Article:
5. > the only polls we have excluded so far are HarrisX and Emerson College polls, because of biased questionnaires and bad data quality.

    Oh I’d love to hear this story.

  6. jim says:

    If we have a normal election it’s hard to imagine that the outcome is in doubt.

    The bigger issues are hard to include in any model but:

    1) what’s the probability that election day doesn’t happen?
    2) serious tampering happens (direct or backdoor means, such as messing w/ USPS)?

    There are some slight noises being made about this stuff but it’s not enough.

    • Matt Stevens says:

      That’s like modelling card probabilities when you’re playing against Bugs Bunny.

    • Joshua says:

      jim –

      > 2) serious tampering happens (direct or backdoor means, such as messing w/ USPS)?

      Not clear where it’s going longer-term or even what the effect might be (i.e, a backfire effect if people get their SS checks late?), but that happening is looking less and less like an uncertainty:

      • jim says:

        Actually at first I was *extremely* fried about that. But then even some NPR commentators acknowledged that there’s a legit reason: first class mail volume has been and still is falling through the floor.

        • Joshua says:

          jim –

          > But then even some NPR commentators acknowledged that there’s a legit reason: first class mail volume has been and still is falling through the floor.

          I”m not sure that stacks up as a reason for the policy changes to be implemented at this particular point in time. Eve if, overall, it increases efficiency it still might have a particularly negative impact along a particular metric – people’s ability to vote.

          Do you conclude that this isn’t happening because of a political motivation for voter suppression?

    • Dylan says:

      That’s a prediction you can make, but to be clear, it’s very divergent from 538 (and I’d assume The Economist’s) forecast.

      Nate specifically wrote a long paragraph saying how this model is conditioning on the fact that democracy generally proceeds like it has in the past, i.e. no unprecedented interference. Gelman never made that statement explicit, but nowhere in his model does he try and account for that.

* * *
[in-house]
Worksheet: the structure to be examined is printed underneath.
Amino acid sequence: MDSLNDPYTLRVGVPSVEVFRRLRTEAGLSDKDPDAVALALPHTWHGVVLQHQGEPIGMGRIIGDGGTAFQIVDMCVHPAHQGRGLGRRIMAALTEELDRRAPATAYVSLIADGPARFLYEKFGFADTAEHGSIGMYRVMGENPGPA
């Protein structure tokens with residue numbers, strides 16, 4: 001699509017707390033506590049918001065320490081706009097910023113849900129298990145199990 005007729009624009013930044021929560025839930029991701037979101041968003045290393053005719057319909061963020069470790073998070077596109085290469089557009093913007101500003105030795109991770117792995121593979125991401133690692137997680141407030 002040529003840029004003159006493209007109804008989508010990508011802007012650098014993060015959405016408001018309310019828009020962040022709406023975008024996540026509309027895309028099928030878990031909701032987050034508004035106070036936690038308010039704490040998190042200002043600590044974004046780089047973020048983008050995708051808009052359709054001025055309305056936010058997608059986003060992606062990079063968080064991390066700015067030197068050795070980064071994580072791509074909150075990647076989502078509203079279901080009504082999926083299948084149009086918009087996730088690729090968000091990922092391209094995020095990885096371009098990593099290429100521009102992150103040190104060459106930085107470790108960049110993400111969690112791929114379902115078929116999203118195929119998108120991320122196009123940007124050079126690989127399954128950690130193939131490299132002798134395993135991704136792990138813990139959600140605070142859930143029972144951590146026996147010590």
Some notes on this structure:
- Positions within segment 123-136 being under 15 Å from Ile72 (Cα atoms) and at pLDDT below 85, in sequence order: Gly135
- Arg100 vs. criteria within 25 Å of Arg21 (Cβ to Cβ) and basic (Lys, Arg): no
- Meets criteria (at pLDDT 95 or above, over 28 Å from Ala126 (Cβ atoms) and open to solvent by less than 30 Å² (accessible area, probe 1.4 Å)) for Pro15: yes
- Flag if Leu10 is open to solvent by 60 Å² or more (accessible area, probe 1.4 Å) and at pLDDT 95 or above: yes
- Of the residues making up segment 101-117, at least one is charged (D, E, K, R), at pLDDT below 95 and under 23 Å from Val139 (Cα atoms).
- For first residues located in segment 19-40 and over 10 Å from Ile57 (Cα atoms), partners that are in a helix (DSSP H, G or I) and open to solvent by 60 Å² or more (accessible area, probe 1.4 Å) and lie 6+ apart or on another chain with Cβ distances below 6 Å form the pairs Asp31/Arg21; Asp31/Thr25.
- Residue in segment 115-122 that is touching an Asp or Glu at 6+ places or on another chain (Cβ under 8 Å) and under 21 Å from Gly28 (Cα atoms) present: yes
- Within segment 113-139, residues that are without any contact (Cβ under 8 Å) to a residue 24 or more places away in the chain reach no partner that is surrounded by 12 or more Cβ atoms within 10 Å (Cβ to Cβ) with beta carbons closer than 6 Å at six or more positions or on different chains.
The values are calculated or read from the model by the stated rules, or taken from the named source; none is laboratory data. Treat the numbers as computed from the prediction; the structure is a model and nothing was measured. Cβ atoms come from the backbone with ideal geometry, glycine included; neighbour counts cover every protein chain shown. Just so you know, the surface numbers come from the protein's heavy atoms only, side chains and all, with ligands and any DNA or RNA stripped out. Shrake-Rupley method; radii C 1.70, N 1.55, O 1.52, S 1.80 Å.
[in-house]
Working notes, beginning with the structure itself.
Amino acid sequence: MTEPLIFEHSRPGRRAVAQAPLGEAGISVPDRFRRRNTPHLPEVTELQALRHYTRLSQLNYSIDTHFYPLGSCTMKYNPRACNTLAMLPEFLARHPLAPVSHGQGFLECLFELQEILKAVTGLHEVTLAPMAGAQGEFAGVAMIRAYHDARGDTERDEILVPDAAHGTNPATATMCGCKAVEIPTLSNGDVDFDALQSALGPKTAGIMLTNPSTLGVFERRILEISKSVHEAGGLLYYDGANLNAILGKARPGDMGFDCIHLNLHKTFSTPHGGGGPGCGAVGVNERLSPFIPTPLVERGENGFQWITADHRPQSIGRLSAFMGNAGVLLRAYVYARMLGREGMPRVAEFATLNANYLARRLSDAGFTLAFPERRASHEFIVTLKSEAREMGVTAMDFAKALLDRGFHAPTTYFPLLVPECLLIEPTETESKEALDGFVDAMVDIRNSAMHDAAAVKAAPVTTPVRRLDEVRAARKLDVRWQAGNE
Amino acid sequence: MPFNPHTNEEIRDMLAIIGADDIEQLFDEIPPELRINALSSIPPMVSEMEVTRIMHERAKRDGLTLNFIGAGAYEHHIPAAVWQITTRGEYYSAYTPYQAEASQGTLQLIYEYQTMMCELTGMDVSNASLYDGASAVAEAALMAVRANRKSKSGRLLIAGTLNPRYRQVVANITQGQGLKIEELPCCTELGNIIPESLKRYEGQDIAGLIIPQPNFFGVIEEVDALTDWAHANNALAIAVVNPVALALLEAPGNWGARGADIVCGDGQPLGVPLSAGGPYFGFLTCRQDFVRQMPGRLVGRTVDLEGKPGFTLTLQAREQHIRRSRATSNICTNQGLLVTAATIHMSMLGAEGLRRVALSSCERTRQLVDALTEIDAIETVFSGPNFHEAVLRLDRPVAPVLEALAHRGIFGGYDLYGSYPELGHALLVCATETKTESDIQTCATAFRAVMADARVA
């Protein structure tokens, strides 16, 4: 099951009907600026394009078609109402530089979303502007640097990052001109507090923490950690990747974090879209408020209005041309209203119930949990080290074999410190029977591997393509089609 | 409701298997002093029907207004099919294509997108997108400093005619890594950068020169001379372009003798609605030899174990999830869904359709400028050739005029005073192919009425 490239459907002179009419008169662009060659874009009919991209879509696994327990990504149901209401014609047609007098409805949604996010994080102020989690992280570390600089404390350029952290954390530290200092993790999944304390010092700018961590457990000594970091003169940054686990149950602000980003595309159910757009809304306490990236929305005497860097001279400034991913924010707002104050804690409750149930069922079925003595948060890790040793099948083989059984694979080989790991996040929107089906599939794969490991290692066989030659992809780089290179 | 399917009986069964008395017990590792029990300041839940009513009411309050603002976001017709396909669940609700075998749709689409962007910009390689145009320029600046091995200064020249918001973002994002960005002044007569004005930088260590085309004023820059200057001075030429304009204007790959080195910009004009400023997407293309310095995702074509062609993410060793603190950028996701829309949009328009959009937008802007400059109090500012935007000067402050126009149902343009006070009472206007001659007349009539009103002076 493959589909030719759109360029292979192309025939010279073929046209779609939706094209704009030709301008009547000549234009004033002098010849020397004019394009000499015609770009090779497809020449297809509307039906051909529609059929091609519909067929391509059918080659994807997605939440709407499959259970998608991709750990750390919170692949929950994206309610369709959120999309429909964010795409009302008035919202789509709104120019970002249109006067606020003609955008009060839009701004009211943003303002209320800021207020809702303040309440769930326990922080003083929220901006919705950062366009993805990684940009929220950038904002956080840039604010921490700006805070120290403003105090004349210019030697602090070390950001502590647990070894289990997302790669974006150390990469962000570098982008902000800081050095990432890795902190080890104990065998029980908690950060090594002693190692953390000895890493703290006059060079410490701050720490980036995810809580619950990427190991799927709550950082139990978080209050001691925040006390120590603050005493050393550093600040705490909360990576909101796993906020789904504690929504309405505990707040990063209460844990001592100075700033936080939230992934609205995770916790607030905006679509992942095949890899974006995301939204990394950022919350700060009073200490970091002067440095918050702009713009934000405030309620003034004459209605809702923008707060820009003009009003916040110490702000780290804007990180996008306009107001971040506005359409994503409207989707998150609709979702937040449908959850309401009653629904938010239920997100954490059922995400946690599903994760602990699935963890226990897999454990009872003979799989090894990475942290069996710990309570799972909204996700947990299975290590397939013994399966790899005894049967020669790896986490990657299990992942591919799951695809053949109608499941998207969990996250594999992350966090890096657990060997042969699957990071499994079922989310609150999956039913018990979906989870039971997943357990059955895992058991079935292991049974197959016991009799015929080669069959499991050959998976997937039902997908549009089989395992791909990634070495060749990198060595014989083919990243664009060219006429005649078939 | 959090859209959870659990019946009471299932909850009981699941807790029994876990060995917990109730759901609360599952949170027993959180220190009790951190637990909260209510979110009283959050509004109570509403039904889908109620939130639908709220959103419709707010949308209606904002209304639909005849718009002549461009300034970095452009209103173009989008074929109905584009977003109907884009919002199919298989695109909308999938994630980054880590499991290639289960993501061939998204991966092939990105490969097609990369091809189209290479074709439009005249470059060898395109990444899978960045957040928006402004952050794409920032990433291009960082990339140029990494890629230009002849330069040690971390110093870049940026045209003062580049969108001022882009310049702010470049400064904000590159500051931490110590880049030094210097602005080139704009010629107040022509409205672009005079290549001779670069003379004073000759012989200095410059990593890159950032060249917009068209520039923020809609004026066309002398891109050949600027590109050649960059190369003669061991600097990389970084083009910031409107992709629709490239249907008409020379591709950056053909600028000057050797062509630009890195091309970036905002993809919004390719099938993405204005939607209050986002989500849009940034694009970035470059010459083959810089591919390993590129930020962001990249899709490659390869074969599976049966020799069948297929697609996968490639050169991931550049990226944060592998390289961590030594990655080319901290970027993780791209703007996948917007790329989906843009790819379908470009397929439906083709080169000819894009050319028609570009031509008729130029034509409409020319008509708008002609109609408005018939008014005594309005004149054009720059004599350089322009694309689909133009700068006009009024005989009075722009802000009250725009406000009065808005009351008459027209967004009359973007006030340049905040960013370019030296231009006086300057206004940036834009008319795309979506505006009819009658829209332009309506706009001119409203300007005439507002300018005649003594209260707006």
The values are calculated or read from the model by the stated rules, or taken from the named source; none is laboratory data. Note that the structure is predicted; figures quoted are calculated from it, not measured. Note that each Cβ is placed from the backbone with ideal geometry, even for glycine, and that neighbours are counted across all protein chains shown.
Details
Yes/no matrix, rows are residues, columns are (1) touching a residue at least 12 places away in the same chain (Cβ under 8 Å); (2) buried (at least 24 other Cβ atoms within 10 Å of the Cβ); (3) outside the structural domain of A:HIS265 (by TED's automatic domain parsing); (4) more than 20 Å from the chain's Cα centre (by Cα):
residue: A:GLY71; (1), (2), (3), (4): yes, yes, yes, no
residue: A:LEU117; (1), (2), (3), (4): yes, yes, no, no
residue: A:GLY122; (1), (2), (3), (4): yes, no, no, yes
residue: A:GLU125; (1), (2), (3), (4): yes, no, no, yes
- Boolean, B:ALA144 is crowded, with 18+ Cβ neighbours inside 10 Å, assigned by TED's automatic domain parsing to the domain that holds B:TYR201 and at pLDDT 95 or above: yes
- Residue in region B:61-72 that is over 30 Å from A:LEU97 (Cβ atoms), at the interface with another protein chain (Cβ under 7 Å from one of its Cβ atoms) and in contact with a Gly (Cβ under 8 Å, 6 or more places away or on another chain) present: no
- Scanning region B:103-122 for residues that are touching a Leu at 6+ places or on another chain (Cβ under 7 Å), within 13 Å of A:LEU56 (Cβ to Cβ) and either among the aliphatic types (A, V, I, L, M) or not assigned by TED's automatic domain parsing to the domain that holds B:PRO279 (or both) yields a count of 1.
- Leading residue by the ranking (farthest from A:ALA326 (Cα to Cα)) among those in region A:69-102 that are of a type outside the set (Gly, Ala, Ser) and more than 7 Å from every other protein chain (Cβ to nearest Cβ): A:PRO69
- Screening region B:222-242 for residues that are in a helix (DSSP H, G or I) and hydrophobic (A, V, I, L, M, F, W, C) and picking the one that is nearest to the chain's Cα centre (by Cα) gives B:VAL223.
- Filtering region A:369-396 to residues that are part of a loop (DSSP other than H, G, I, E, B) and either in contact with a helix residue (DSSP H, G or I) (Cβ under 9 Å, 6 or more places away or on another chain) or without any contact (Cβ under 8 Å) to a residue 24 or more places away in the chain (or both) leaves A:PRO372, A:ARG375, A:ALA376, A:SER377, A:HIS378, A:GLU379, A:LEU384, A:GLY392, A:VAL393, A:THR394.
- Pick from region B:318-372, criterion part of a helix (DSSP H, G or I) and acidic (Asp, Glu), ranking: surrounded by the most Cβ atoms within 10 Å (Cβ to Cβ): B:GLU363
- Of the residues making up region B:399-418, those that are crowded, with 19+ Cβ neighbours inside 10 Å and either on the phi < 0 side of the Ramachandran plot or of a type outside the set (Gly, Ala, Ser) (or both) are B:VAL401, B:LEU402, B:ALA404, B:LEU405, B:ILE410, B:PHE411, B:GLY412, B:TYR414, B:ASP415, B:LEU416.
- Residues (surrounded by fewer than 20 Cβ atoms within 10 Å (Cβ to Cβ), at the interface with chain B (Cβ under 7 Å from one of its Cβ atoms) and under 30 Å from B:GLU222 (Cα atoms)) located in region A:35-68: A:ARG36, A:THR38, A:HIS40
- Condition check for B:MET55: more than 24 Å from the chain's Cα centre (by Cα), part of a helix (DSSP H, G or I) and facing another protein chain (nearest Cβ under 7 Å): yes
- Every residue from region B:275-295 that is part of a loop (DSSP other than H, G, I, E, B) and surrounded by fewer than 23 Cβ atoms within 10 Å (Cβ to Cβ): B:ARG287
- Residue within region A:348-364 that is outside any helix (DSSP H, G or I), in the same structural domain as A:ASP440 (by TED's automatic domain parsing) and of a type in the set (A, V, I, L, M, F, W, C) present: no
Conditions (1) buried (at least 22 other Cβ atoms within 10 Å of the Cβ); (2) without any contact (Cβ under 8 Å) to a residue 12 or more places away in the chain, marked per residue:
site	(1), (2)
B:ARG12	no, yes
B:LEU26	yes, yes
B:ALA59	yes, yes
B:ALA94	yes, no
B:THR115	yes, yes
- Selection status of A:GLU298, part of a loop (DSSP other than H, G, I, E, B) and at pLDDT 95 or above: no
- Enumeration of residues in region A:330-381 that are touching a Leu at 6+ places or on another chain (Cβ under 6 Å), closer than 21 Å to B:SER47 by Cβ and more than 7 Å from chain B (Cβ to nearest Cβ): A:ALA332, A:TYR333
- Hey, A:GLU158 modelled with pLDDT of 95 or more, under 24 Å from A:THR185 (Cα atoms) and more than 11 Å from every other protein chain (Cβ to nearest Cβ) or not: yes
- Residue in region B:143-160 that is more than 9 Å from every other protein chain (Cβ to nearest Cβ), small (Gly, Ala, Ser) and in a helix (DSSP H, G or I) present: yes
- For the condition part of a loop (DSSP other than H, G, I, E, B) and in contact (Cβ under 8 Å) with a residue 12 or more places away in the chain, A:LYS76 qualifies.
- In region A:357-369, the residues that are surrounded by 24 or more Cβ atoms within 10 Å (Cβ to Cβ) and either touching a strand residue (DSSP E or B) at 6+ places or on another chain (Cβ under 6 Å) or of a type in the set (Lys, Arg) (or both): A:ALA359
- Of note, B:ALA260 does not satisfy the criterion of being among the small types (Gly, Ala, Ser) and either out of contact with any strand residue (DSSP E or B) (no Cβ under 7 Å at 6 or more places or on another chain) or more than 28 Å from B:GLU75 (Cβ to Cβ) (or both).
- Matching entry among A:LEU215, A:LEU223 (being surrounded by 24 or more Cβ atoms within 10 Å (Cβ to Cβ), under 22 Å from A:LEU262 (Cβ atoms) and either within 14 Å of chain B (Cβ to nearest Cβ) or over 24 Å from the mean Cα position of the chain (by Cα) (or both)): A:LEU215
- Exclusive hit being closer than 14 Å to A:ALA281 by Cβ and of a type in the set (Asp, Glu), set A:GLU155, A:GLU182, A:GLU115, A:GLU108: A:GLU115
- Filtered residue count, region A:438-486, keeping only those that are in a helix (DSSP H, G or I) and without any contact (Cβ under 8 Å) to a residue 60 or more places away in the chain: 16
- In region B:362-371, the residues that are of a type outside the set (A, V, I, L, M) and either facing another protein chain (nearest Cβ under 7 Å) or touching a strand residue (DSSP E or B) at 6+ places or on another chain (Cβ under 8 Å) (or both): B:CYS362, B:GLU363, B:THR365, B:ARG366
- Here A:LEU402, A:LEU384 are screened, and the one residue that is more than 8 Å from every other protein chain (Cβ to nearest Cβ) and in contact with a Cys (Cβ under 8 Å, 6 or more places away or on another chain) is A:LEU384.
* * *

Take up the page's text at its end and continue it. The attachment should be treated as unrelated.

Wondering what these probabilities are is fair, but there’s little point in Gelman or Silver chiming in, none of their skills would be relevant at that estimation. But it’s important to note that “hard to imagine the election is in doubt” goes right against the 538 forecast. You might just disagree with Nate, but he thinks the election is very much in doubt, even in reasonable circumstances.

    • confused says:

      1) is basically zero. The US system is actually really hard to alter to that degree. Also, if there’s no election, IIRC Pelosi automatically becomes President on Inauguration Day.

      There is no *way* Trump has enough support to get around this. I don’t think any US president in the remotely modern era could, but if there were one, it certainly wouldn’t be him!

      >>If we have a normal election it’s hard to imagine that the outcome is in doubt.

      All else being equal, yes, but all else might not be equal.

      The one big caveat I see is if other nations start vaccinating their population by October, and then we do, and *Trump gets credit for cutting through bureaucratic red tape to get it approved*.

      Just a vaccine approval wouldn’t be enough, though, IMO.

      • confused says:

        And actually, the “outcome might be in doubt” in at least one other way: what if either candidate catches COVID? If one candidate is in the hospital on Election Day (or during early voting), that could swing the vote, potentially.

    • Keith E. says:

      This is just crystal-balling, but I think both of those probabilities are well below 1%, so probably not enough to influence things.

      I’m more interested in the trend for polling to underestimate Trump support. I think that was a factor last election, and I think it might be a much bigger factor this time. I wouldn’t be surprised if there was a two point shift in results from that alone. I don’t know how you could sensibly forecast that, though.

      • jim says:

        What would be the cause of the underestimate? Are people afraid to say they support Trump or will vote Republican? Are they wavering or undecided? If they’re switching at the last minute, why are they doing that?

      • Andrew says:


        In 2016, polls underestimated Trump support in some states, not others. I think the underestimation came from nonrepresentativeness of the sample; see discussion in this article.

      • Joshua says:

        Keith –

        > I’m more interested in the trend for polling to underestimate Trump support.

        For the most part, the error in the polling was within the margin of error. My understanding (and I would appreciate being corrected if I’m wrong) is that the larger error in predictions for the overall outcome came from underestimating the chances for an overall alignment of direction of error – and in particular among a key set of swing states.

        My guess is that you think that there is a “shy Trump voter” effect? If so, do you have an evidence basis for believing that to be true? I’ve seen some arguments that there isn’t such an effect.


        Were there any possible factors for which you didn’t find evidence?

        Yes. Take the hypothesis that there’s a segment of the Trump support base that does not participate in polls. If that’s true, that’s a huge problem for organizations like ours, and we need to study that and understand it if we’re ever going to fix it. But we looked for evidence of that, and we didn’t find it.